The front-runner in Austria's parliamentary election, the conservative People's Party, wants to fight tax avoidance by multinationals and backs a swift end to the European Central Bank's bond purchases, a draft of its economic program shows.
The People's Party has been leading in opinion polls since 31-year-old Foreign Minister Sebastian Kurz took over as its leader in May. Kurz has until now provided few specific policies ahead of the Oct. 15 parliamentary election.
A draft of his party's economic program, seen by Reuters on Monday, outlines broad objectives like slashing the country's debt, without giving details.
The document will do little to quiet critics who say Kurz lacks experience, particularly when it comes to the economy. But it provides an initial indication of his economic priorities.
"We cannot accept that global companies use the international tax system to shift profits to where the least taxes are owed while our domestic companies are at a competitive disadvantage because they dutifully pay their taxes," the draft says.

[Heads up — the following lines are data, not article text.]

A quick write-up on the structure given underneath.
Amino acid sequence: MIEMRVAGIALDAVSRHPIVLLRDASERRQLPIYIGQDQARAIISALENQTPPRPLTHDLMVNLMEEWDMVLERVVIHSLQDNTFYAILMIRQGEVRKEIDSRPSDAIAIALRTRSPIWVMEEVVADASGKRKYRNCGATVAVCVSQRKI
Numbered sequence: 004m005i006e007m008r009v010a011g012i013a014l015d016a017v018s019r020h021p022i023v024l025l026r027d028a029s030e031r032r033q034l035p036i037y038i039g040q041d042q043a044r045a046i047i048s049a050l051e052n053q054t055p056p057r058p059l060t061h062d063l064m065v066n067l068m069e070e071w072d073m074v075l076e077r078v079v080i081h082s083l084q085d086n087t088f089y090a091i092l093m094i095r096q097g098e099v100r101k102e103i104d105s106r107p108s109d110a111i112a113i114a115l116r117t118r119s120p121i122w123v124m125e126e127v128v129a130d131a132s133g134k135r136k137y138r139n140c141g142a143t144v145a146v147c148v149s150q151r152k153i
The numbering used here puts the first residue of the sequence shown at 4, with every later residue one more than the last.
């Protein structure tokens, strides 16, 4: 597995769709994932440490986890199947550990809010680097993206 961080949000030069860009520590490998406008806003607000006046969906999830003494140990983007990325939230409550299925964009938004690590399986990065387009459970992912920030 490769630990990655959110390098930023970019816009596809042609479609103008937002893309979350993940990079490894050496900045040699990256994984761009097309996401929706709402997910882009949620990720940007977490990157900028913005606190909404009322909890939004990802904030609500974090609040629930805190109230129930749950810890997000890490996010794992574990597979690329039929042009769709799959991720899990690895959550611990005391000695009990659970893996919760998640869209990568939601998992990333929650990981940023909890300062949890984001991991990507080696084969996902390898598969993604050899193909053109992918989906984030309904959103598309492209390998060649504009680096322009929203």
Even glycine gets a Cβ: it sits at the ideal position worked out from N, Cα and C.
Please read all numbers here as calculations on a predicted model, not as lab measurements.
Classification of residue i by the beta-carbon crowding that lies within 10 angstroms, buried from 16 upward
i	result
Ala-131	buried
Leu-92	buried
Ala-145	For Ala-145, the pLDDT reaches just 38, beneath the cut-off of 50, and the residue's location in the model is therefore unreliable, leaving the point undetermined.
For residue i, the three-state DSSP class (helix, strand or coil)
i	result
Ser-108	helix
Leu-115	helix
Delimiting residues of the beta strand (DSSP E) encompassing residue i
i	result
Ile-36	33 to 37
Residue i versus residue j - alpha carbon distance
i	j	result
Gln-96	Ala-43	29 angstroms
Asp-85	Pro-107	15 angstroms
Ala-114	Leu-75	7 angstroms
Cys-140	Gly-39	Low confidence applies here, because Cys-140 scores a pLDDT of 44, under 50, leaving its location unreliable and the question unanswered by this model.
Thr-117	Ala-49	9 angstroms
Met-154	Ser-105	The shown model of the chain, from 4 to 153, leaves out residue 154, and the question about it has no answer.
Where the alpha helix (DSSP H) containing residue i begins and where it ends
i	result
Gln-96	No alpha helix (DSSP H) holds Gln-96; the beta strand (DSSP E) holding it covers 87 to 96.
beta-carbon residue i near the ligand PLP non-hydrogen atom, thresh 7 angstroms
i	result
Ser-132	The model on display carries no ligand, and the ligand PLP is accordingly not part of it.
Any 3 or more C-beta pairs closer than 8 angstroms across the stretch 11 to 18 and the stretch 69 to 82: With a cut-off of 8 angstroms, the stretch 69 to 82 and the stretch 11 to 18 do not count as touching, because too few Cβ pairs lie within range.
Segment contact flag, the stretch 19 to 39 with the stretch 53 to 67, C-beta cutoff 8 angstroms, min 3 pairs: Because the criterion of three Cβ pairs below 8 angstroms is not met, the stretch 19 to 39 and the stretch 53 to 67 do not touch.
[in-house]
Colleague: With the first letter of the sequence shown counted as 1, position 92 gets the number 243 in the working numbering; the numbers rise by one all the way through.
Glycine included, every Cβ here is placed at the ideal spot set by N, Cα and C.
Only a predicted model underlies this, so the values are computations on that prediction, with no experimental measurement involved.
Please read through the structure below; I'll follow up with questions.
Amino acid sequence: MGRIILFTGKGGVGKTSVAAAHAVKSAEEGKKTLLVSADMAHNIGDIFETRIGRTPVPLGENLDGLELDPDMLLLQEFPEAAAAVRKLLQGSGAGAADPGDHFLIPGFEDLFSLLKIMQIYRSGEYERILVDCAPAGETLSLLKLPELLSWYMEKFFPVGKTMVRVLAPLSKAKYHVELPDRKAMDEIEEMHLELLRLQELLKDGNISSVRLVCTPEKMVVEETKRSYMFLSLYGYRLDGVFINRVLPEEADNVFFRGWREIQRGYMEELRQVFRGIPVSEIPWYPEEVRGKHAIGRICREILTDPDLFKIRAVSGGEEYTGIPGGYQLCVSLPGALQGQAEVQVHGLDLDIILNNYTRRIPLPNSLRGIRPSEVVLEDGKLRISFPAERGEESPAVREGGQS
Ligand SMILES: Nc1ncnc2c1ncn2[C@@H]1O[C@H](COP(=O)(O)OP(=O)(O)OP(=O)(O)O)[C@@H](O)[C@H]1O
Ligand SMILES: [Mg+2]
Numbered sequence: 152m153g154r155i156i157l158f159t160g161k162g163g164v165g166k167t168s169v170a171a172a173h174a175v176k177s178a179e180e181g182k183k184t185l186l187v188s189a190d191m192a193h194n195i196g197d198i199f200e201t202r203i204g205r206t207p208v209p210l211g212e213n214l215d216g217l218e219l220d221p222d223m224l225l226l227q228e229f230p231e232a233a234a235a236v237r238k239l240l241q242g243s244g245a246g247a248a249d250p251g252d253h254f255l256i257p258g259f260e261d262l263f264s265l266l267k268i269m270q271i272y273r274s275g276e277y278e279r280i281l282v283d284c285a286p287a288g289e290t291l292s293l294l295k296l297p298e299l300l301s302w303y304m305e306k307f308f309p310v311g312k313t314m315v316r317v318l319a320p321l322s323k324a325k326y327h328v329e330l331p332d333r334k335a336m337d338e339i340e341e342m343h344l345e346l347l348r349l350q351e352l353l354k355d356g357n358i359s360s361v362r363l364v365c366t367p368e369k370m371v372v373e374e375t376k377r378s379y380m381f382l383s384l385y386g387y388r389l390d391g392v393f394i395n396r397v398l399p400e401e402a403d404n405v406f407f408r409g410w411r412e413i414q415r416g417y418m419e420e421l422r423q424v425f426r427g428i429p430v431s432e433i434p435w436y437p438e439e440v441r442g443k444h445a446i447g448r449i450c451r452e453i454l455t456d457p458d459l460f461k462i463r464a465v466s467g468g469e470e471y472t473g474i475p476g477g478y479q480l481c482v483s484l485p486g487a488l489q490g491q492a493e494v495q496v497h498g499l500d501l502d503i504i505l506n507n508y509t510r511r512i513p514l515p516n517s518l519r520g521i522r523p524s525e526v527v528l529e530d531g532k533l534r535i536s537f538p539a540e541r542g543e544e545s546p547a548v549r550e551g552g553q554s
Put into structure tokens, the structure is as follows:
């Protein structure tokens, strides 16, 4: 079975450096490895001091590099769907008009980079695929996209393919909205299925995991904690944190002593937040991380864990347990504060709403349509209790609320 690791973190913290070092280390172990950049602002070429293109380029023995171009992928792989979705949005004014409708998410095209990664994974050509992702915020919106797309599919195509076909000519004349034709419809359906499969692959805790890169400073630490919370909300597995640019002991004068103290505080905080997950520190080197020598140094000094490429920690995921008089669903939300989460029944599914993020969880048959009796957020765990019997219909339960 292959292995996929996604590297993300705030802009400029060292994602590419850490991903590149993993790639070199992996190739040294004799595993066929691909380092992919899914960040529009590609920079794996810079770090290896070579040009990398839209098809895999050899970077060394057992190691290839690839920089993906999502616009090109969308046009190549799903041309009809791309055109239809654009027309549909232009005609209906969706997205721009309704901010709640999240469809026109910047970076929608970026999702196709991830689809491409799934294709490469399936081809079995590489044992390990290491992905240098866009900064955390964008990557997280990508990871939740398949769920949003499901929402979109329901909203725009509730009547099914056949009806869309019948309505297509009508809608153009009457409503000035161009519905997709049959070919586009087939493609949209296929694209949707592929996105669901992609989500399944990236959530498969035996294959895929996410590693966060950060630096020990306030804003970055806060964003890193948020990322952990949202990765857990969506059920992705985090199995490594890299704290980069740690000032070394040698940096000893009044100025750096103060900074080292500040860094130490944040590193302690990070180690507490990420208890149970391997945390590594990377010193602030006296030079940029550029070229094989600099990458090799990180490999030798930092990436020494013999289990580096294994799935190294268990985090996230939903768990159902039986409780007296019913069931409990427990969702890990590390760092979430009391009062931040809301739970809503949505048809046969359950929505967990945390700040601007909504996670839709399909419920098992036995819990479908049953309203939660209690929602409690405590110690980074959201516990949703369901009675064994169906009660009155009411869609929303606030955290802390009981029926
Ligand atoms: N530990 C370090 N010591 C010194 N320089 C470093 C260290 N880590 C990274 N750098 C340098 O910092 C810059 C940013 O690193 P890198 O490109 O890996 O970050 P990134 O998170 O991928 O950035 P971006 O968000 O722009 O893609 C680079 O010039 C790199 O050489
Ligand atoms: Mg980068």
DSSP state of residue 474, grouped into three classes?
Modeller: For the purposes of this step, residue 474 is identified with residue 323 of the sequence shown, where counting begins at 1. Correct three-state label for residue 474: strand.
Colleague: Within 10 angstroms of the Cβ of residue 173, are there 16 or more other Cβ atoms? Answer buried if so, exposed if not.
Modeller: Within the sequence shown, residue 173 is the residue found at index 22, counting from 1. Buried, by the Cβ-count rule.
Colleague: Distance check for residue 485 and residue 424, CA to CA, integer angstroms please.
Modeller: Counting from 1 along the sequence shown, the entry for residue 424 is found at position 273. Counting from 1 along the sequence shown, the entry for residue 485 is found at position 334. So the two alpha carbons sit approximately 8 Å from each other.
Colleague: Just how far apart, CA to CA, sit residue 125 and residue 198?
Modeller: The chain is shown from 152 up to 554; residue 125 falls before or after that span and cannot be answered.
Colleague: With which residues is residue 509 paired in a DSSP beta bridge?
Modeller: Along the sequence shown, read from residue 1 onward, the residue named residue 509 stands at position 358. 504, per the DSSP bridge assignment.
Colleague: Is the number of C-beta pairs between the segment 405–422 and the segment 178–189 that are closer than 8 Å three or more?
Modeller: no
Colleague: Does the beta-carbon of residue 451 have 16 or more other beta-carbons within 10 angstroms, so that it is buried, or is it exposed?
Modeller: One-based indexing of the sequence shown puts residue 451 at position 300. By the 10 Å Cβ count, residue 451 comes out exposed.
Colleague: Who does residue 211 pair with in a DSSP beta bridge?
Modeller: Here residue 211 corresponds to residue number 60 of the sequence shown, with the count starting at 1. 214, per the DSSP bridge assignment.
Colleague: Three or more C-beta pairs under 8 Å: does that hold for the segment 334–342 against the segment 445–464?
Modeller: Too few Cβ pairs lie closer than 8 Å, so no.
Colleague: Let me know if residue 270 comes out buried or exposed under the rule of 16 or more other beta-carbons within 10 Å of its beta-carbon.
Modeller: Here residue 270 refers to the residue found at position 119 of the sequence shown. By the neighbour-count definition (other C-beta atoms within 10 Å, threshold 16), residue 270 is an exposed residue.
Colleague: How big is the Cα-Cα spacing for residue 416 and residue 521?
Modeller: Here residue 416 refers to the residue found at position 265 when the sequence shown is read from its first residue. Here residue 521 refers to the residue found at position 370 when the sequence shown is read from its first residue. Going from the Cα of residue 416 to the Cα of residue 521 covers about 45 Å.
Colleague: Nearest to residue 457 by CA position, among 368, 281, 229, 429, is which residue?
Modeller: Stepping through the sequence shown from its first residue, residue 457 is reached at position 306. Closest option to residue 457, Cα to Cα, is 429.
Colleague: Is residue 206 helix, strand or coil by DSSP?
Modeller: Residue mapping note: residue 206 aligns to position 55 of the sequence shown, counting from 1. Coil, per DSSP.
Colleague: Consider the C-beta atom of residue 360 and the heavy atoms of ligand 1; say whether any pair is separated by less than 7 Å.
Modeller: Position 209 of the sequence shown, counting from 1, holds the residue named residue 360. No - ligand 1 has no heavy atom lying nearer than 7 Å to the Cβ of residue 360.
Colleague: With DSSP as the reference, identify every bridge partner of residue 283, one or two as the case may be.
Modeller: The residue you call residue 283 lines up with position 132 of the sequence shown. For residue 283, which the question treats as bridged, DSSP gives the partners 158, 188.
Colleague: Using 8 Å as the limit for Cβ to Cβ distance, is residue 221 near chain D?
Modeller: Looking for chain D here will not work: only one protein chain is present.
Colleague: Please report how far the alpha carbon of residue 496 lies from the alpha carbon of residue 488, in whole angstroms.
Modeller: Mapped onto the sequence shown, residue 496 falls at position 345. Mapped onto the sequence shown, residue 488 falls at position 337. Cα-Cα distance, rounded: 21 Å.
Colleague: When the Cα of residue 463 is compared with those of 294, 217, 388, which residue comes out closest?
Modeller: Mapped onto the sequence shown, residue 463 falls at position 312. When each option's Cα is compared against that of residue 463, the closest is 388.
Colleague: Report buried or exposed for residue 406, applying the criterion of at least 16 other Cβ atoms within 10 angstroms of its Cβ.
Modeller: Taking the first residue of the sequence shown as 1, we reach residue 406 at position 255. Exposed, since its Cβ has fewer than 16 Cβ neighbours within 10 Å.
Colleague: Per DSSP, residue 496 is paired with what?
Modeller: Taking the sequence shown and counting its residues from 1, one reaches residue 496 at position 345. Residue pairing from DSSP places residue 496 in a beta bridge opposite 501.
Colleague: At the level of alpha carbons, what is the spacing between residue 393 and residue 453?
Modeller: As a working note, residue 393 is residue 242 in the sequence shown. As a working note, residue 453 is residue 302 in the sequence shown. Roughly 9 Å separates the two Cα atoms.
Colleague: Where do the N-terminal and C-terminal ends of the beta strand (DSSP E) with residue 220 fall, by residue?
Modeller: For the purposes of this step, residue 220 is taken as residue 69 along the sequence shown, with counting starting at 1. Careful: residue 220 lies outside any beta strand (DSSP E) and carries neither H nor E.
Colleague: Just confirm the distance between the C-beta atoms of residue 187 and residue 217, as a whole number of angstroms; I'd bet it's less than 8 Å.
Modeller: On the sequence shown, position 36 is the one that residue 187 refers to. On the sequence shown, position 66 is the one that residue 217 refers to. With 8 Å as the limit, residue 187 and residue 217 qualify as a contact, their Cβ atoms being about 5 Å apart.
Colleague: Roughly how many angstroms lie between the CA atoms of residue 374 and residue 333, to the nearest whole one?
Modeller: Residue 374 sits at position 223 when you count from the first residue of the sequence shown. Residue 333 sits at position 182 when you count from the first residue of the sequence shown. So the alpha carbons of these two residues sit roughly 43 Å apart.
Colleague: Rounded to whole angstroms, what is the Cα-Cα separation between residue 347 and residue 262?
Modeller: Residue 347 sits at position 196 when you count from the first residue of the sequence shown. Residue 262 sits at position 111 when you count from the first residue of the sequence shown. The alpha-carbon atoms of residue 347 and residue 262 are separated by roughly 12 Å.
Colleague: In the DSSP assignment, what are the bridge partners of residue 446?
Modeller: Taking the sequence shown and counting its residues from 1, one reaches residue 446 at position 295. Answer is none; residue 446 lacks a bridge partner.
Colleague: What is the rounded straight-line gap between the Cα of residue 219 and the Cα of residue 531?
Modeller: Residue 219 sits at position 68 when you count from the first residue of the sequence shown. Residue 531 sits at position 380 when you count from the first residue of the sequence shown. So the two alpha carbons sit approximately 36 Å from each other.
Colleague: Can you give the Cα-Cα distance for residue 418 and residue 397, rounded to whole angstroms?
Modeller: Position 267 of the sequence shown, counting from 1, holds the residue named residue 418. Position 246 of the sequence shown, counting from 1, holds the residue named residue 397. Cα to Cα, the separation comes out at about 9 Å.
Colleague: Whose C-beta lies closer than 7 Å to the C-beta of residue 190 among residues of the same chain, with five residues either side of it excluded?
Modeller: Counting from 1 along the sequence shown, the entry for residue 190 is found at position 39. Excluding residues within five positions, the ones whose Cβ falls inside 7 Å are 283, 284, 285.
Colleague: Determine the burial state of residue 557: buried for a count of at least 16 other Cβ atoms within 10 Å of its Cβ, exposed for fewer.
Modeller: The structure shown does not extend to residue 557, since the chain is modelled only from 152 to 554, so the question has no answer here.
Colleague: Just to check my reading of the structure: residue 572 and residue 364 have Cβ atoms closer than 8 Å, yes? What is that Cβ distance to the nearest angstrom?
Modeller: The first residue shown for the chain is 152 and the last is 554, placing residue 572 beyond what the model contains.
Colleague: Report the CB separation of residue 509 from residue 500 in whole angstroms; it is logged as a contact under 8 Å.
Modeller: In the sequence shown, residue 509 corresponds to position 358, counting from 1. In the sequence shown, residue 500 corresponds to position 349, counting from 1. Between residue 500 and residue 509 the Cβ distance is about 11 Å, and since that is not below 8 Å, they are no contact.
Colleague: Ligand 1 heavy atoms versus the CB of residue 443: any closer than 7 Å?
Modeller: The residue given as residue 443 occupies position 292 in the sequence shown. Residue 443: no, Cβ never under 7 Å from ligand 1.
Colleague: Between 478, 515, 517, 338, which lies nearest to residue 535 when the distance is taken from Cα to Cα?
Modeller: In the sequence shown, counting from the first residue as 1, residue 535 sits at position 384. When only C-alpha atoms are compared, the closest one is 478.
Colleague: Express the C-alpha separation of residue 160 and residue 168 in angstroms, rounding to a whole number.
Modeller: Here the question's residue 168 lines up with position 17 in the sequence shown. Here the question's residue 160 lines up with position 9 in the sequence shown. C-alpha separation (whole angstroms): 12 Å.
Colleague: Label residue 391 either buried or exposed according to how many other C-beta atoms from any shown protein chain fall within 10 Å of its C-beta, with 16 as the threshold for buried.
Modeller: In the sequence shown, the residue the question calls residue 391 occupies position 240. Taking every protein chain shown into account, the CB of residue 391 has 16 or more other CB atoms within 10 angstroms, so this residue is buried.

It calls for more work to be carried out on creating a system that would determine how much of a company's profit should be taxed in a given country. It says transfers to shell companies in tax havens should be banned.
The issue of multinationals' taxes has often been raised since the European Commission ruled last year that tech giant Apple should pay billions of euros in back taxes to Ireland because a scheme to route profits through that country was illegal state aid.
Apple is appealing the ruling.
Chancellor Christian Kern, a Social Democrat, has seized on the issue, repeatedly saying it is unfair that multinationals like Starbucks should pay less tax in Austria than a tiny sausage stand on the street.
The draft People's Party program says the European Central Bank (ECB) should end its bond purchases.
The ECB has bought over 2 trillion euros' worth of bonds, depressing borrowing costs and fuelling growth.
"We clearly call for the ECB to turn away from the monetary policy of recent years as soon as possible," the draft says, describing the purchases as a short-term measure that rewards some countries "that previously pursued irresponsible policies".